Components: Class
Cross Offering: POLISCI 3730
GE: Ethnic Studies, Social Sciences
Prereqs/Coreqs: P: POLISCI 1230 or consent of instructor
Typically Offered: Spring

ETHNSTDY 3730 African-American Literature 3 Credits

A survey of African-American literature beginning in the ante bellum period and continuing to the present, including oral forms (folk tales and spirituals), novels, poetry, drama, autobiography, and other selected non-fiction.
Components: Class
Cross Offering: ENGLISH 3730
GE: Ethnic Studies, Humanities
Prereqs/Coreqs: P: (ENGLISH 1130 or ENGLISH 1040) and ENGLISH 1230
Typically Offered: Spring

ETHNSTDY 3740 Asian American Literature 3 Credits

A survey of Asian-American literature beginning in the early 1900s and continuing to present times. Includes works of fiction, autobiography, poetry, and drama. Focuses on writers from different literary and oral traditions including (but not limited to) Mandarin Chinese, Japanese, Thai, Hmong, Vietnamese, and Indian, and examines the impact of family, culture, and gender both within these traditions and between a particular tradition and U.S. popular culture.
Components: Class
Cross Offering: ENGLISH 3740
GE: Ethnic Studies, Humanities
Prereqs/Coreqs: P: (ENGLISH 1130 or ENGLISH 1040) and ENGLISH 1230
Typically Offered: Fall

ETHNSTDY 3750 American Literature of Ethnicity and Immigration 3 Credits

An examination of literature from a variety of U.S. "racial" and "ethnic" groups, including African-, Italian-, Mexican-, Jewish-, Asian-, and Native-American. Emphasis will be placed on the meanings of "race" and "ethnicity," the effects of immigration, and the impact of gender in this literature.
Components: Class
Cross Offering: ENGLISH 3750
GE: Ethnic Studies, Humanities
Prereqs/Coreqs: P: (ENGLISH 1130 or ENGLISH 1040) and ENGLISH 1230
Typically Offered: Fall

ETHNSTDY 3760 Wisconsin Indian Literature 3 Credits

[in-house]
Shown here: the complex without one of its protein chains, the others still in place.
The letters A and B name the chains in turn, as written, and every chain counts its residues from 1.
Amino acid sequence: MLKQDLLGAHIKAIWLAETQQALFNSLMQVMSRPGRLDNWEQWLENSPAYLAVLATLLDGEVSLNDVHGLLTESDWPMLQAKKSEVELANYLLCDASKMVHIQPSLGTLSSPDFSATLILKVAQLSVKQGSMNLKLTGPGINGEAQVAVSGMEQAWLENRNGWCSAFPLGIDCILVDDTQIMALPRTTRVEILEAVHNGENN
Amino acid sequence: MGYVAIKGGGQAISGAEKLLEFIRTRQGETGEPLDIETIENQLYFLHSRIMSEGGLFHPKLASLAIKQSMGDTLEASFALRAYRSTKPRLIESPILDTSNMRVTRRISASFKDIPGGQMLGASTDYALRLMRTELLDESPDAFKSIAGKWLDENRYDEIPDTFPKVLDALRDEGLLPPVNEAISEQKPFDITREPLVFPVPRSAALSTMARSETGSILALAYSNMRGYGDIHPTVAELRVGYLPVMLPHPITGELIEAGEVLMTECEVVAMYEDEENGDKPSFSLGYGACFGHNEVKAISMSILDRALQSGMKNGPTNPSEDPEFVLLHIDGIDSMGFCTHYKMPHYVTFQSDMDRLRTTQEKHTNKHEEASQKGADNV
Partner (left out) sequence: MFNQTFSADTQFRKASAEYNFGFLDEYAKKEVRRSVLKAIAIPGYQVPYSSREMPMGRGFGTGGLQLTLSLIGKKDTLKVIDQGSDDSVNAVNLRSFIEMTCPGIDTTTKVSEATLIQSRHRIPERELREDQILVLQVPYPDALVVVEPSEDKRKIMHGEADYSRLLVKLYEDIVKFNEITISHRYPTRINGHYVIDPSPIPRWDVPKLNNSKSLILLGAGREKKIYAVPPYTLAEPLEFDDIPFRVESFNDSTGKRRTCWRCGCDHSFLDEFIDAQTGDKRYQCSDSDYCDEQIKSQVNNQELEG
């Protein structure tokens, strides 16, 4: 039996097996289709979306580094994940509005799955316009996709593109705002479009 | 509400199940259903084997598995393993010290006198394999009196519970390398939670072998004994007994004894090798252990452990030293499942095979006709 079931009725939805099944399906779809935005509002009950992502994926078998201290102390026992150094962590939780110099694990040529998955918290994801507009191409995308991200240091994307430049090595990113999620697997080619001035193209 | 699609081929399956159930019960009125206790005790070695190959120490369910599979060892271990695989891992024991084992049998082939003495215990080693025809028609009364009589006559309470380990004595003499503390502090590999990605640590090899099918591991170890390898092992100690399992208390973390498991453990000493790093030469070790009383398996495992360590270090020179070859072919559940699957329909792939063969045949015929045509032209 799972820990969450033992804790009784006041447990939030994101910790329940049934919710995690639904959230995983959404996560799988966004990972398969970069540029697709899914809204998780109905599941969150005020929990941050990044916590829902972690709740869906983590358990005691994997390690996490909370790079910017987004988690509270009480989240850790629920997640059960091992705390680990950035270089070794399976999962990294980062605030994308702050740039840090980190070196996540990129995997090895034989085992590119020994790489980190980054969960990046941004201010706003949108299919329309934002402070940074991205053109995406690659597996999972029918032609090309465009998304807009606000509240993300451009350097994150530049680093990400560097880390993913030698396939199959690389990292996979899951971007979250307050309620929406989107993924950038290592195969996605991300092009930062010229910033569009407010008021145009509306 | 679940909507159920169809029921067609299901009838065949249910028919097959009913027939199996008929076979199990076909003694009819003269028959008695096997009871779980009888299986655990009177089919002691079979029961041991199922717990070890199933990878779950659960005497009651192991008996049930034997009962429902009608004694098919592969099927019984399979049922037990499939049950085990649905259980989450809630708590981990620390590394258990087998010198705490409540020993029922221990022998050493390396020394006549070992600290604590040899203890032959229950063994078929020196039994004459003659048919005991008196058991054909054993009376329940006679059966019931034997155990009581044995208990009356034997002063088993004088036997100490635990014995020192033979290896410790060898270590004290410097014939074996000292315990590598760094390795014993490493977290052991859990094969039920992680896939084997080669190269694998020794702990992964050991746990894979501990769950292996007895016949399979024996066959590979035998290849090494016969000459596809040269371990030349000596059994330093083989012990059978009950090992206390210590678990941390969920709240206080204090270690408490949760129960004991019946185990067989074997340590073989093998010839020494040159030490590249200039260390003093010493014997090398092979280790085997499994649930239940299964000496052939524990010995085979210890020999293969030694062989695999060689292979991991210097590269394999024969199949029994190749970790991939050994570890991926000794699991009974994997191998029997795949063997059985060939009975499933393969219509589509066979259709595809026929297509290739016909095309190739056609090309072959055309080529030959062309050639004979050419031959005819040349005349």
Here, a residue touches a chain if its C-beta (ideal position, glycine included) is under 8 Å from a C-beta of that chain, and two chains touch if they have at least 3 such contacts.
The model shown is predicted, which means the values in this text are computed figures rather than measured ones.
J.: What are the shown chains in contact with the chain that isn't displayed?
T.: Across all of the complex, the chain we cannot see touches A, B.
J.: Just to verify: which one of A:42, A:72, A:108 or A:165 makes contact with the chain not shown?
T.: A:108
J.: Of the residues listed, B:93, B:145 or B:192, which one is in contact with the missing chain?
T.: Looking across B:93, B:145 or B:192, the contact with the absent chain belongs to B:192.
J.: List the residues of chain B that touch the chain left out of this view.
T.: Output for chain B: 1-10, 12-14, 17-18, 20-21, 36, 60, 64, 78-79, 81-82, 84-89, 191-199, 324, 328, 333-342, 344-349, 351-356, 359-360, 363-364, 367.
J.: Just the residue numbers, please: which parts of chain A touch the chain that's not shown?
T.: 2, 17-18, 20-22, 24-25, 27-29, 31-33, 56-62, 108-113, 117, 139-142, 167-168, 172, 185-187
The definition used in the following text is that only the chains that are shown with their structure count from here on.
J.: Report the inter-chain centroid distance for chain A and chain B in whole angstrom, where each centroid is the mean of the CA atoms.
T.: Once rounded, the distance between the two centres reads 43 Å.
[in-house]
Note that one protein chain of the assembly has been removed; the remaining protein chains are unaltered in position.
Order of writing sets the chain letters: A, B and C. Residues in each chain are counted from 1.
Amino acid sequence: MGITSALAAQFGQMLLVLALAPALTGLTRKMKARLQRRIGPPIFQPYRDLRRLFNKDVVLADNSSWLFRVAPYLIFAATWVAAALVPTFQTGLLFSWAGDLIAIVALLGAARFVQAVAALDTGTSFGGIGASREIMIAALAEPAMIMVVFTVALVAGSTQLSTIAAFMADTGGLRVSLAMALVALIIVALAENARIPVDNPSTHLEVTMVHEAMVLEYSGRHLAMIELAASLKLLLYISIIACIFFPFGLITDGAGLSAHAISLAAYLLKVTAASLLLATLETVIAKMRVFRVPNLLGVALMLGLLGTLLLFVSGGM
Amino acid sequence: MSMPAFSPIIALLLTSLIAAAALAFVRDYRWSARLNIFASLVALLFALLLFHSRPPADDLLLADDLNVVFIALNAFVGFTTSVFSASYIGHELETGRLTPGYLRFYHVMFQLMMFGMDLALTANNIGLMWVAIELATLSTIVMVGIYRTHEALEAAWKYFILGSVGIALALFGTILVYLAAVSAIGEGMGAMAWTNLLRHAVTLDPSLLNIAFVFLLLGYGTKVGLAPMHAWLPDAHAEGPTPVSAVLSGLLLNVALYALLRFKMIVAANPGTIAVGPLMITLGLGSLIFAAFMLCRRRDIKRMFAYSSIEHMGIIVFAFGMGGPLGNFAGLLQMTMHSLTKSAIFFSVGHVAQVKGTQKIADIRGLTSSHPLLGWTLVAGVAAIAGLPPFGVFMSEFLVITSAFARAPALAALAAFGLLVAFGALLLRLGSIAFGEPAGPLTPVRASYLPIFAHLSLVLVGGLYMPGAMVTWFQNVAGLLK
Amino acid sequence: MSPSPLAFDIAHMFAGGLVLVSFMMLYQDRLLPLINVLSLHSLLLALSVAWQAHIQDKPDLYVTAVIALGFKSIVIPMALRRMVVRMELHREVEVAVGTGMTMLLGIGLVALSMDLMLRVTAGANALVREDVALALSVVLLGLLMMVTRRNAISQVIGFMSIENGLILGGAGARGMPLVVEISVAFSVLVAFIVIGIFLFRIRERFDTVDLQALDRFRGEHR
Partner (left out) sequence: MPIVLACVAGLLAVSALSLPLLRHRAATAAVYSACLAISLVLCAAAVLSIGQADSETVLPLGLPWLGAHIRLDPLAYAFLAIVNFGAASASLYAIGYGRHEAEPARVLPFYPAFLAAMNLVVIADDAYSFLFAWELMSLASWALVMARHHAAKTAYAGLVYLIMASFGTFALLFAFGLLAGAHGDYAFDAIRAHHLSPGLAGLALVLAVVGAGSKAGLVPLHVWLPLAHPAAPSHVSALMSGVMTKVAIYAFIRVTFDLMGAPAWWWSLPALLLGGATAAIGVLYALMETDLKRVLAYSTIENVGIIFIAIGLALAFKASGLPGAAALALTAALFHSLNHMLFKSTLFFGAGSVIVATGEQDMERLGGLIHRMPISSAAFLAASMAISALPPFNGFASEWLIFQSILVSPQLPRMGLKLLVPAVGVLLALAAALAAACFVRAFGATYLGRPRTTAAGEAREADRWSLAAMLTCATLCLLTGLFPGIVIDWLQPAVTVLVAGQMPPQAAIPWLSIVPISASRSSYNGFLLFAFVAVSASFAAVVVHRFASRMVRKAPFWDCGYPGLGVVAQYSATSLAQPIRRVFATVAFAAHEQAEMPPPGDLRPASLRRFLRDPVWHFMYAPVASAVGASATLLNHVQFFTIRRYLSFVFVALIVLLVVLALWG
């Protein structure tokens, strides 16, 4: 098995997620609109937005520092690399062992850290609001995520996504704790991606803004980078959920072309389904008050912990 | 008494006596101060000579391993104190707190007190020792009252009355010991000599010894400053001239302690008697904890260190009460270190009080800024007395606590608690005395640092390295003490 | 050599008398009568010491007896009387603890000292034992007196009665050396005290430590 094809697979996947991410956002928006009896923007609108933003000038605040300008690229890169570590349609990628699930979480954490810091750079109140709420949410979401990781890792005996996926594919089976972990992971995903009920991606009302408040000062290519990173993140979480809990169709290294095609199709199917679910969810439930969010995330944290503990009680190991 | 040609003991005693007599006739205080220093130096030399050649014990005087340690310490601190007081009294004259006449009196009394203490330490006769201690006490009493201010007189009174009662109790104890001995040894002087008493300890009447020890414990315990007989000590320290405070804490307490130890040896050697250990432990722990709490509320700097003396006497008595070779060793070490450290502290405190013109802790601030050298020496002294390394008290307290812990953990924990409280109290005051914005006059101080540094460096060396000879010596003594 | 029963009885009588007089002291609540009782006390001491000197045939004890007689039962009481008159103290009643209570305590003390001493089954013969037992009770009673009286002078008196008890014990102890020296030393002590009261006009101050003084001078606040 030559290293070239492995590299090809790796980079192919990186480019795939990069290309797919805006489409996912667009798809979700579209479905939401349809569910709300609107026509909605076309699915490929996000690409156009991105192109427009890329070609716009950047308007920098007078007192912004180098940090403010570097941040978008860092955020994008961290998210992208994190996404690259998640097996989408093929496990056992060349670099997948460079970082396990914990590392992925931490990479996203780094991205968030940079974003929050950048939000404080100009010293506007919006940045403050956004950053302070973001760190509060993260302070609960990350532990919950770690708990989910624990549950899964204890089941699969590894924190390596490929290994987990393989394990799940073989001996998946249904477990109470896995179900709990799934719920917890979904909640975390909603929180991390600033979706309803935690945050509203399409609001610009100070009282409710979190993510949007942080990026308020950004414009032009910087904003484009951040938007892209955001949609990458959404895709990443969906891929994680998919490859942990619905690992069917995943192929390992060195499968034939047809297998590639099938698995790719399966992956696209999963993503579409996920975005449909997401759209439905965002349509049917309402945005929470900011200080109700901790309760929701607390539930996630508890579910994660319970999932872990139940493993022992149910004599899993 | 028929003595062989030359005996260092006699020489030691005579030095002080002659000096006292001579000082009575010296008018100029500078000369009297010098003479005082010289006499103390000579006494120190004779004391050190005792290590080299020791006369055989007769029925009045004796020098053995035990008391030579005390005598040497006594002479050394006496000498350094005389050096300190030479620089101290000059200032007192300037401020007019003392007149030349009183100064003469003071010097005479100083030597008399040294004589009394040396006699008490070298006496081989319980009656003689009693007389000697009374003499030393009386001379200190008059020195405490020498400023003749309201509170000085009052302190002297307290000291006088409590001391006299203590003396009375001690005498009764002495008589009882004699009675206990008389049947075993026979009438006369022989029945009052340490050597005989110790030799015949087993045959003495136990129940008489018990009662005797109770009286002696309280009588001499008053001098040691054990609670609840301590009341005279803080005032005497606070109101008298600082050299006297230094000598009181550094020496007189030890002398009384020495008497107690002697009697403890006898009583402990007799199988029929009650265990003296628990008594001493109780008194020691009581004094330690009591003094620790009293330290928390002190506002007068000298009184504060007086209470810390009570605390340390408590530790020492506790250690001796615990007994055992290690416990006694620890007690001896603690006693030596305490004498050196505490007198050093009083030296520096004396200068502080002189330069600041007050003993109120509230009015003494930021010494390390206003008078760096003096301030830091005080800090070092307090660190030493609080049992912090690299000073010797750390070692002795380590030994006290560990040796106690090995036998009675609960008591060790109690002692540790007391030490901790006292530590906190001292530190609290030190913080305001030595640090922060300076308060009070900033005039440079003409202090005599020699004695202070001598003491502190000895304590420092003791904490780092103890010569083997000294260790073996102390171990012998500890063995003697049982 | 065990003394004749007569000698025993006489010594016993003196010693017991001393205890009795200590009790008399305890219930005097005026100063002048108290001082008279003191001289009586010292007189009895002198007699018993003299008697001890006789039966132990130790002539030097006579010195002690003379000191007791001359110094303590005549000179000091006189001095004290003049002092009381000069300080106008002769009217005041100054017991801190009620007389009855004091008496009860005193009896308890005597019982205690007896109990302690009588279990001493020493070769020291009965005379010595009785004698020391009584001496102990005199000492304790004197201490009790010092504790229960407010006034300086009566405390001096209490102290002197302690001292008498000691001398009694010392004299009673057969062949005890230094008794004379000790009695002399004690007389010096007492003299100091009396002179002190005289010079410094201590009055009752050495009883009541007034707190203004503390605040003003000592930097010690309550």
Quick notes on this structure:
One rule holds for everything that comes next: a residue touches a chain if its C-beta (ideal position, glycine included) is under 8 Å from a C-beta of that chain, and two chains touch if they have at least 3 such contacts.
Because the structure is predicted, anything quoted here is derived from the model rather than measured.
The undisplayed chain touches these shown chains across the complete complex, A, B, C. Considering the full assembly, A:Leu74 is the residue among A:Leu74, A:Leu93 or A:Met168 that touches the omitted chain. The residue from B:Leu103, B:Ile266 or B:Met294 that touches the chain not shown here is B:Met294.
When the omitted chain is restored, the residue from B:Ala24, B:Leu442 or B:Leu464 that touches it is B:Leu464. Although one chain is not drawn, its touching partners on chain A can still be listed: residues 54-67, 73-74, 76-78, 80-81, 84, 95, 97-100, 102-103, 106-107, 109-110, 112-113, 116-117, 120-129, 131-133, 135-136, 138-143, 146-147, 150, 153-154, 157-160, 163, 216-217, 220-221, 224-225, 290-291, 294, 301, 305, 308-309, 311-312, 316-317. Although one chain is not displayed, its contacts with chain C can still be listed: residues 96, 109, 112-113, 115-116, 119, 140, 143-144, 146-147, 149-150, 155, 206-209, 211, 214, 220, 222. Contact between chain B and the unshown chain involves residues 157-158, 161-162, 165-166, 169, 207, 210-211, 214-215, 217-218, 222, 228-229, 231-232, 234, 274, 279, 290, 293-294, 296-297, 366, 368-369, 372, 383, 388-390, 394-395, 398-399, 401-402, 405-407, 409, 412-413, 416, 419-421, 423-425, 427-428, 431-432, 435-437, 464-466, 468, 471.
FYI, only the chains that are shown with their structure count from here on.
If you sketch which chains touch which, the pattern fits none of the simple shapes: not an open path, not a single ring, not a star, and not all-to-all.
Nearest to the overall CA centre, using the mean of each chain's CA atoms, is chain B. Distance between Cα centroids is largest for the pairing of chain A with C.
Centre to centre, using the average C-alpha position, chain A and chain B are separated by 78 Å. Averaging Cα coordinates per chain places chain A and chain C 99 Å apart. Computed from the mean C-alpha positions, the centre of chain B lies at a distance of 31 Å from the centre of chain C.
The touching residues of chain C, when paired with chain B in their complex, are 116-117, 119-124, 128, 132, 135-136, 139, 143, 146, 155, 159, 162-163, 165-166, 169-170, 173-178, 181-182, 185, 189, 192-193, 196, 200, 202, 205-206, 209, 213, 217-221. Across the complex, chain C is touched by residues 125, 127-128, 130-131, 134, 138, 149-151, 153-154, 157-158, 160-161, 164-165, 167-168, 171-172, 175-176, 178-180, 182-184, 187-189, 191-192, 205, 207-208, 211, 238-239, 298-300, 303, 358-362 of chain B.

An exploration of Wisconsin Indian literatures from the oral tradition to the present; texts studied will include epics, legends, poetry, novels, and selected non-fiction, including such writers as Mountain Wolf Woman, Louise Erdrich, and Susan Power.
Components: Class
Cross Offering: ENGLISH 3760
GE: Ethnic Studies, Humanities
Prereqs/Coreqs: P: (ENGLISH 1130 or ENGLISH 1040) and ENGLISH 1230
Typically Offered: Fall

ETHNSTDY 3830 Black Women and Feminism in the U.S. 3 Credits

An interdisciplinary examination of the historical and contemporary relationship between black women in the United States and the feminist movement. Authors discussed may include Frances Harper, Ida Wells-Barnett, bell hooks, Audre Lorde, and others.
Components: Class
Cross Offering: WOMGENDR 3830
GE: Ethnic Studies, Gender Studies
Prereqs/Coreqs: sophomore standing to enroll in this class
Typically Offered: Fall

ETHNSTDY 4850 Multicultural Dramatic Literature 3 Credits

An in-depth survey of the rise and development of minority characters and themes in American theatre since the 20th Century. Particular emphasis will be placed on the dramatic literature and theatrical criticism and production since 1990.
Components: Class
Cross Offering: THEATRE 4850
GE: Ethnic Studies
Prereqs/Coreqs: P: ENGLISH 1230
Typically Offered: Occasional

ETHNSTDY 485W Multicultural Dramatic Literature 3 Credits

A WRITING EMPHASIS COURSE IS DESIGNED TO EFFECTIVELY USE WRITING TO ENHANCE STUDENT LEARNING OF COURSE SPECIFIC CONTENT THROUGH VARIOUS MEANS SUCH AS SELF-REFLECTION, ANALYSIS, PROBLEM SOLVING AND RESEARCH. An in-depth survey of the rise and development of minority characters and themes in American theatre since the 20th Century. Particular emphasis will be placed on the dramatic literature and theatrical criticism and production since 1990.
Components: Class
Cross Offering: THEATRE 485W
GE: Ethnic Studies, Writing Emphasis
Prereqs/Coreqs: P: ENGLISH 1230
Typically Offered: Occasional